For some time, Mr. Emory has accessed the work of the remarkable Paul Manning. Part of the CBS news team that covered World War II (along with the late Edward R. Murrow), Manning authored the landmark title Martin Bormann: Nazi in Exile (Lyle Stuart, copyright 1981), detailing the post-war career of Martin Bormann, Hitler’s most important aide.
Long rumored to have been killed at the end of the war, Bormann escaped to Latin America with all of the liquid wealth of the Third Reich at his disposal. Bormann has used that wealth to finance (literally) an Underground Reich, an institution that wields profound (though largely unrecognized) influence in the contemporary world. Mr. Emory believes that (barring a significant change in political reality) the Bormann group will prove to be the decisive element in human affairs.
This broadcast details Manning’s last published work: the Bormann organization’s initiation of joint nuclear weapons development between Germany, Argentina and South Africa and its promotion of the Condor II missile project, jointly developed by Iraq, Egypt and Argentina. (It should be noted that Manning’s second book on the Bormann organization was never published. His son Jerry was murdered at that time, in retribution for his work on the Bormann group, according to Manning’s intelligence contacts.) The joint weapons development was intended to give Germany nuclear and intercontinental missile technology that it was officially forbidden from possessing.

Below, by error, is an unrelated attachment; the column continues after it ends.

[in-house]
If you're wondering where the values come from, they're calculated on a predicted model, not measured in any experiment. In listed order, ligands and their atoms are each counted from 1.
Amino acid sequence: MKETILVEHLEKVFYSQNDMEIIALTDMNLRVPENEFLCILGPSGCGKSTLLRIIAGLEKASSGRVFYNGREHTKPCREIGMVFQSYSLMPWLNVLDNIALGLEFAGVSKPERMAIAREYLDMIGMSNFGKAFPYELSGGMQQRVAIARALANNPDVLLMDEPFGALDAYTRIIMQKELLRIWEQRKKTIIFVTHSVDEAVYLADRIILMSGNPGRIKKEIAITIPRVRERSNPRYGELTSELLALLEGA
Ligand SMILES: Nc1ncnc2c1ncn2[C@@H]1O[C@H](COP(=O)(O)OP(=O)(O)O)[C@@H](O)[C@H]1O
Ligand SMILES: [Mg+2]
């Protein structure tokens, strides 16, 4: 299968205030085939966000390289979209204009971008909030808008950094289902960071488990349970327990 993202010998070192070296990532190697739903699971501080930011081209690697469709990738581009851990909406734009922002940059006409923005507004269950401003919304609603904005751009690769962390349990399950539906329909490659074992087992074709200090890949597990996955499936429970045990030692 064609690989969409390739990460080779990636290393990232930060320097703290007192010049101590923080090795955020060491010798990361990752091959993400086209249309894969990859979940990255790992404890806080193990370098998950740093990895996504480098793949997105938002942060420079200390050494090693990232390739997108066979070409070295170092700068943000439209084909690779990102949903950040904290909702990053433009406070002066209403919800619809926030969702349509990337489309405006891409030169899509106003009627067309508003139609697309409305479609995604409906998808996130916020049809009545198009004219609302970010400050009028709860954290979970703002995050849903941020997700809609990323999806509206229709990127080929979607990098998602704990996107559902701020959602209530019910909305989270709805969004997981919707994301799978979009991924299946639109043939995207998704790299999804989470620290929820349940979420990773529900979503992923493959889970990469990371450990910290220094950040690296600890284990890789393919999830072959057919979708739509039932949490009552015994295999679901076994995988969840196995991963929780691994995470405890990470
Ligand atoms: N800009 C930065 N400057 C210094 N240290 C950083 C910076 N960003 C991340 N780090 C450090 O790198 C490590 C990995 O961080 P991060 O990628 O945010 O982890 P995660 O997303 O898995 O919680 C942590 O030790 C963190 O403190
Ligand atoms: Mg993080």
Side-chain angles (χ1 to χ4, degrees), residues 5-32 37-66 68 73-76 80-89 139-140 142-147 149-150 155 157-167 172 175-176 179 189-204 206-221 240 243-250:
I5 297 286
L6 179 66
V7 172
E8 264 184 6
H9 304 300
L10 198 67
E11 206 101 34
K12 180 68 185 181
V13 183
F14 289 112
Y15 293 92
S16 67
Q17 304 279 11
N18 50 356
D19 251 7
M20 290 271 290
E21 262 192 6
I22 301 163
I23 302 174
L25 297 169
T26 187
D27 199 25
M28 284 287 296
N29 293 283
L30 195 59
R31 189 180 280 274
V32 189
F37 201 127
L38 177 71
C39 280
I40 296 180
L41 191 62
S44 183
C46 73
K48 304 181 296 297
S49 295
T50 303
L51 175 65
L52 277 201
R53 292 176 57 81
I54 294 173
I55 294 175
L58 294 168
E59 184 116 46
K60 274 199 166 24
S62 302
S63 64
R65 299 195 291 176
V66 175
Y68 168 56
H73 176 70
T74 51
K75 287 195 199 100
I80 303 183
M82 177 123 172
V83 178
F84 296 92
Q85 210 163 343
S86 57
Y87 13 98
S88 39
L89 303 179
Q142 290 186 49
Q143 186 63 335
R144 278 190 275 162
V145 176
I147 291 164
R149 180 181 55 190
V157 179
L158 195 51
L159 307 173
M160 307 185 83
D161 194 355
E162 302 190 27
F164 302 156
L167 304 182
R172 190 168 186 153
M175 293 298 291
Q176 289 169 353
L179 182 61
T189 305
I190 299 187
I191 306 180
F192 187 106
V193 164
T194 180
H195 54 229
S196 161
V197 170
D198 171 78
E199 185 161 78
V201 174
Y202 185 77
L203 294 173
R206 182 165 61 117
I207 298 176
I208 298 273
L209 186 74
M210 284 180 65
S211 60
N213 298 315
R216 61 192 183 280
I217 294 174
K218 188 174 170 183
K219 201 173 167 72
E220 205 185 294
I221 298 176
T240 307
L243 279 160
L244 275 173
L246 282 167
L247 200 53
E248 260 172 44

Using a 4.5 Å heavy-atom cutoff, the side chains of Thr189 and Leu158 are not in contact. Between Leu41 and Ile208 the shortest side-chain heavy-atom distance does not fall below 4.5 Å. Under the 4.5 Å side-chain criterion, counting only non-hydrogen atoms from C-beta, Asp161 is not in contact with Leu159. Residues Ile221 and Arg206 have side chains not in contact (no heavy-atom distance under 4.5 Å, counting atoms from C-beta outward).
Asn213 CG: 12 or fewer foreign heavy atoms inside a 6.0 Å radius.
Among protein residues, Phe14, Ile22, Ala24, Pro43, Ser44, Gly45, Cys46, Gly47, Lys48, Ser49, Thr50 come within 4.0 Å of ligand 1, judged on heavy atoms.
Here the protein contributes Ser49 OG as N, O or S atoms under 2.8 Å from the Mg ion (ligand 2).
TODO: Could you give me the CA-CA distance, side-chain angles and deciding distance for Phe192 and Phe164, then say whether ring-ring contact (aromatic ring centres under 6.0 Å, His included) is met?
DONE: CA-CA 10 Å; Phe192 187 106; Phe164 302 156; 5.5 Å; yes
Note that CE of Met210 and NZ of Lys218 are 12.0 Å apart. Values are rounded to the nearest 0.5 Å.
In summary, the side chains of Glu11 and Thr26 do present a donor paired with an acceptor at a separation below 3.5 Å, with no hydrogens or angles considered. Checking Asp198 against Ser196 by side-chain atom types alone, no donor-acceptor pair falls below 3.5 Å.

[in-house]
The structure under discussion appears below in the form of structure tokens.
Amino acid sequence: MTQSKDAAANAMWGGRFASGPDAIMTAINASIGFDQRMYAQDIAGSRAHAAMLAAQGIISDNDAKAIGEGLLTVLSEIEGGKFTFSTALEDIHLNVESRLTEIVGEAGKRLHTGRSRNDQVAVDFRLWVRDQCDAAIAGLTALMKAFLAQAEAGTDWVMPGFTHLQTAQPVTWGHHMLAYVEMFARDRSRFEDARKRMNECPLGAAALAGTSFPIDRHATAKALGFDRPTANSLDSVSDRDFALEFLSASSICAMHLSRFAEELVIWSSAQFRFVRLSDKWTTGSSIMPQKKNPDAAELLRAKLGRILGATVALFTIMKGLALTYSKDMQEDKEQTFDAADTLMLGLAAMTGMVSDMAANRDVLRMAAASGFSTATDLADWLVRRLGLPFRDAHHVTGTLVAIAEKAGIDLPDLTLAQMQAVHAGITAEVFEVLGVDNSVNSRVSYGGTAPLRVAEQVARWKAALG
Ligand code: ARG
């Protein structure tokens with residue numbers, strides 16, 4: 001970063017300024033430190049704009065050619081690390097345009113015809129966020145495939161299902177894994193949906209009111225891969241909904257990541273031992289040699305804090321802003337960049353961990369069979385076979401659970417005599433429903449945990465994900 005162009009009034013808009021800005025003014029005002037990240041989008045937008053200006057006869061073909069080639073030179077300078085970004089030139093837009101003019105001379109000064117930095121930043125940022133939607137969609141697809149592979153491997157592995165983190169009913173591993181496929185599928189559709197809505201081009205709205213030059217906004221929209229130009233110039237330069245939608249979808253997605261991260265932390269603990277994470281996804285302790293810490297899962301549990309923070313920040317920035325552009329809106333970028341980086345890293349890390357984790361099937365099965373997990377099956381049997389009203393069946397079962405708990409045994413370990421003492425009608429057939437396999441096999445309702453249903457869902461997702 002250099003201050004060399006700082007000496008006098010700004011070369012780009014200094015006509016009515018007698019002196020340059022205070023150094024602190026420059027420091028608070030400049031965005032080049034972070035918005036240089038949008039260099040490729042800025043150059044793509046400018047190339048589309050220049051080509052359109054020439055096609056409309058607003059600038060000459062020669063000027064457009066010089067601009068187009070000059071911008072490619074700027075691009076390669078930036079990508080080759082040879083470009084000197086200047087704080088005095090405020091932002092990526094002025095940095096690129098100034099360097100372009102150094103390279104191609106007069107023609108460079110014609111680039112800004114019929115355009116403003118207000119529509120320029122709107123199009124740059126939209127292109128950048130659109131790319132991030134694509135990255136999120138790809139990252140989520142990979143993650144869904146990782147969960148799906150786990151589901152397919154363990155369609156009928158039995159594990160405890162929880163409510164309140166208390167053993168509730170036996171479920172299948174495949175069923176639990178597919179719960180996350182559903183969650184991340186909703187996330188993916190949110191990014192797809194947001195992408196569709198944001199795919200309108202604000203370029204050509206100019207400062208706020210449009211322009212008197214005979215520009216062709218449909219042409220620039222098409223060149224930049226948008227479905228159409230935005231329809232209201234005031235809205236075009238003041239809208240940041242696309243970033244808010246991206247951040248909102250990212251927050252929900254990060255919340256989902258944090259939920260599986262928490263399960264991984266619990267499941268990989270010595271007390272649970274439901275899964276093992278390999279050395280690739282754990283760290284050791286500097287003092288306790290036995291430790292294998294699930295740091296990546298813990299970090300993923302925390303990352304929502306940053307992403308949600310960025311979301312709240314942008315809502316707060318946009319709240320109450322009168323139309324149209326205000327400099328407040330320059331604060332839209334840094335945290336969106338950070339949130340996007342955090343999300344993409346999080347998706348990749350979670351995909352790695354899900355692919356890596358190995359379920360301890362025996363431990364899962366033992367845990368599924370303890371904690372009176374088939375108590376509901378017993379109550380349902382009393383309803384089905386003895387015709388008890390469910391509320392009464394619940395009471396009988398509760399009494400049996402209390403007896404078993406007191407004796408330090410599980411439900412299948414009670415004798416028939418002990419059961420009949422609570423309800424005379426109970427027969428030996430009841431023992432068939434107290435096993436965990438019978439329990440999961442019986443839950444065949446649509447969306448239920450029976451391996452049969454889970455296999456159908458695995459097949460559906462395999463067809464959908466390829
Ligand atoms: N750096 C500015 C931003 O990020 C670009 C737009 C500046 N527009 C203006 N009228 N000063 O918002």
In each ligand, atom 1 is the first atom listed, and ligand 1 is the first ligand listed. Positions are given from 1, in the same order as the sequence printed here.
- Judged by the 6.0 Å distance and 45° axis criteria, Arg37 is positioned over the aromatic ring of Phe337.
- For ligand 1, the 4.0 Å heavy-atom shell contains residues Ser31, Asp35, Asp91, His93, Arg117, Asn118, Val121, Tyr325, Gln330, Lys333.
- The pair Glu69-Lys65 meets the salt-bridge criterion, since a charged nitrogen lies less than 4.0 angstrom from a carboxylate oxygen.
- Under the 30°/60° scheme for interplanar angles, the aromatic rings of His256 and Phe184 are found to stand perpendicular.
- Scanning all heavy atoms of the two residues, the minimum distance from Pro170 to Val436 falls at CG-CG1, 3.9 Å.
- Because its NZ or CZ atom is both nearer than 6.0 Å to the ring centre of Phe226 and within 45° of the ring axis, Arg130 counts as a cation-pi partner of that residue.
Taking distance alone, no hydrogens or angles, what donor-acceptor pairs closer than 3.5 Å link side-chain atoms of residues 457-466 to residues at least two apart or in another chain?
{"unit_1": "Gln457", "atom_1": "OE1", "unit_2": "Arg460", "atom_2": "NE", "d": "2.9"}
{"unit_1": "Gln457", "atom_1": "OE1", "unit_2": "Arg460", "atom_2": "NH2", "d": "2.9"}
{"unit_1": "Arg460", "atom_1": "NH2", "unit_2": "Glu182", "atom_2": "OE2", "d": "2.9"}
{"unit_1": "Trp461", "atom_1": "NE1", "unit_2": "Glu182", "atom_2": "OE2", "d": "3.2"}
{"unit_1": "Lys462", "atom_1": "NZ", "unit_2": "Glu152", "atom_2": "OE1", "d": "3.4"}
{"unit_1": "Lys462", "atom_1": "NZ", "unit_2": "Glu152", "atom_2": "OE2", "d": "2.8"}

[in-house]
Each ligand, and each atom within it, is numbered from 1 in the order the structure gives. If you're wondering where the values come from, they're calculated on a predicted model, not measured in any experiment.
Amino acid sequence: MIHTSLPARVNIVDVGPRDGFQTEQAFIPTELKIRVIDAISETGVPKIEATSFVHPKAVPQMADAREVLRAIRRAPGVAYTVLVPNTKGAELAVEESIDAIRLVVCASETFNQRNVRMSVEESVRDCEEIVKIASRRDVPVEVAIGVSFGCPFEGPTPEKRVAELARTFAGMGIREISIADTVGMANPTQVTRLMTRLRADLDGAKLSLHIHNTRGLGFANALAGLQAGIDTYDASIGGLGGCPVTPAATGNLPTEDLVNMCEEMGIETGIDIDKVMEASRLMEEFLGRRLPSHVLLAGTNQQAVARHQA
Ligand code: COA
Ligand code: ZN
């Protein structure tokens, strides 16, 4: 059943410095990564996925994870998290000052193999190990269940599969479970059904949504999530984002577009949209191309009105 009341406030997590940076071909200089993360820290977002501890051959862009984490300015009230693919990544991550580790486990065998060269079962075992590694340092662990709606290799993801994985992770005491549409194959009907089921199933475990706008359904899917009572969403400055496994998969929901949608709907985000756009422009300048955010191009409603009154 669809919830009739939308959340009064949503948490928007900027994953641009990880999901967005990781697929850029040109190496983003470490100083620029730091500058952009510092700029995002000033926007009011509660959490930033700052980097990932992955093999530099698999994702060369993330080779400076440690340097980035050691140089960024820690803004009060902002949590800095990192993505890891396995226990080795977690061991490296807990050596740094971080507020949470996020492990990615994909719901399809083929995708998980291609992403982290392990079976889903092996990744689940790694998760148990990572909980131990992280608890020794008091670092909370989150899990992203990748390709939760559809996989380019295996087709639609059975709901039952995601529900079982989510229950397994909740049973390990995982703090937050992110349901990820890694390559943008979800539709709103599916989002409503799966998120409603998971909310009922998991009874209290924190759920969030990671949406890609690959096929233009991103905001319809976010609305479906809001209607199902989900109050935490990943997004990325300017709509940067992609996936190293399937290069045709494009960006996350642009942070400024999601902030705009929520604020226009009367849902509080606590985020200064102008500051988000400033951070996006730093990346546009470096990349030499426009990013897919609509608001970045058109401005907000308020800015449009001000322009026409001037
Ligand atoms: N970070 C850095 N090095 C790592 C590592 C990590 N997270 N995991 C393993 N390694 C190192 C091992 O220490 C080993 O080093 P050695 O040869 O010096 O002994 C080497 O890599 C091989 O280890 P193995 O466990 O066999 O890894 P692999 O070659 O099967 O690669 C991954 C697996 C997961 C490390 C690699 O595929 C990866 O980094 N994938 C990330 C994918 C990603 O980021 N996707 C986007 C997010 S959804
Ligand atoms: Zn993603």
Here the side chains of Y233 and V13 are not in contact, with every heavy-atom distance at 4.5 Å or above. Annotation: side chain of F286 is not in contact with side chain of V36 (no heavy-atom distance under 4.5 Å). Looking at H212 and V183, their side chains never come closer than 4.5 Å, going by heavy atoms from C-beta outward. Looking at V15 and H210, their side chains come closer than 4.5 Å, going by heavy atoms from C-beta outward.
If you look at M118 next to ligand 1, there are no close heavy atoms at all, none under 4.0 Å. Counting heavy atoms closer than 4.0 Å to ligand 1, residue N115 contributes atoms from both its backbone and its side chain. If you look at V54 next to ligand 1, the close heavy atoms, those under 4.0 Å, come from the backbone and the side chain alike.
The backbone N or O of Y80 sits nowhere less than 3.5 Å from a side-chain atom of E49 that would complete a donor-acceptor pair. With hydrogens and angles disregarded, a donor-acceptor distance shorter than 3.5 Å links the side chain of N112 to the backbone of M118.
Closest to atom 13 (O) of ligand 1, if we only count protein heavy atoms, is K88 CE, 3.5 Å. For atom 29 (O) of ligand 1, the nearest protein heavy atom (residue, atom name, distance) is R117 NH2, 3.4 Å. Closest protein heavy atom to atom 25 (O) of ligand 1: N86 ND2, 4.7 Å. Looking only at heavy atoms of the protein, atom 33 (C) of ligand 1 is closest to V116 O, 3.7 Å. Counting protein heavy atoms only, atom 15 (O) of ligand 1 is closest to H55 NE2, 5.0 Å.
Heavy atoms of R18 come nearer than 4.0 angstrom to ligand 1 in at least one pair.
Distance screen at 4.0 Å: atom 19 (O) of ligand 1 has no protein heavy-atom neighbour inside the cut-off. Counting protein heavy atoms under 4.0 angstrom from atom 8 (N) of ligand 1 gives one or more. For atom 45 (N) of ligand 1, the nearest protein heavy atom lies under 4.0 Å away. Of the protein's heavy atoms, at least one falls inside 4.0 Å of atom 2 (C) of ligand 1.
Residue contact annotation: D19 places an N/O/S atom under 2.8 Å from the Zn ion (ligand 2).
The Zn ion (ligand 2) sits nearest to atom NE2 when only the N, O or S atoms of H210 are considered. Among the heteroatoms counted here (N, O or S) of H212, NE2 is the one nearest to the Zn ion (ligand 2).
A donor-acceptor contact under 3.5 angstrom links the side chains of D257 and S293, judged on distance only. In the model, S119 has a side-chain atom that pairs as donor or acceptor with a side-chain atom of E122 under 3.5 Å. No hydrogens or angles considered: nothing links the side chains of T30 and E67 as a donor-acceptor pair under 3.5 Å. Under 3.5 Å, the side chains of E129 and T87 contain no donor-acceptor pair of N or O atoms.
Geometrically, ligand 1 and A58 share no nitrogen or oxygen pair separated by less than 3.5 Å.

Shortly after World War II, the discovery of uranium in Argentina spurred the clandestine nuclear development program. At the time, Argentina was ruled by Juan Peron, who was very close to Bormann and the Nazi emigre community in Argentina.
Instigated by the Bormann group, the program was greatly assisted by the Siemens Corporation’s development of two nuclear reactors for Argentina. The Condor II missile project would have given Sadam Hussein a greatly expanded missile capability, had the U.S. not secretly intervened with Argentina to interdict the missile’s progress. Much of the information accessed by Manning came from Leon Grunbaum, a Holocaust survivor and nuclear scientist. Grunbaum was subsequently murdered.
Program highlights include: the close relationship between Nazi Germany and Iraq during World War II; the perpetuation of the Nazi-Iraqi link in the decades after the war; the close links between Egypt and the Bormann group; details of the hierarchical structure of the Bormann group (allegedly headed, in the early 1990s, by Bormann’s son Adolph Martin and his sister Neumi); the rigorous surveillance of and harassment of Leon Grunbaum (culminating in his murder); the theft of Grunbaum’s notes while he was visiting Switzerland; remarkable similarities between the reality of the Bormann group as reported by Manning and the portrayal of the organization in the Nazi tract Serpent’s Walk.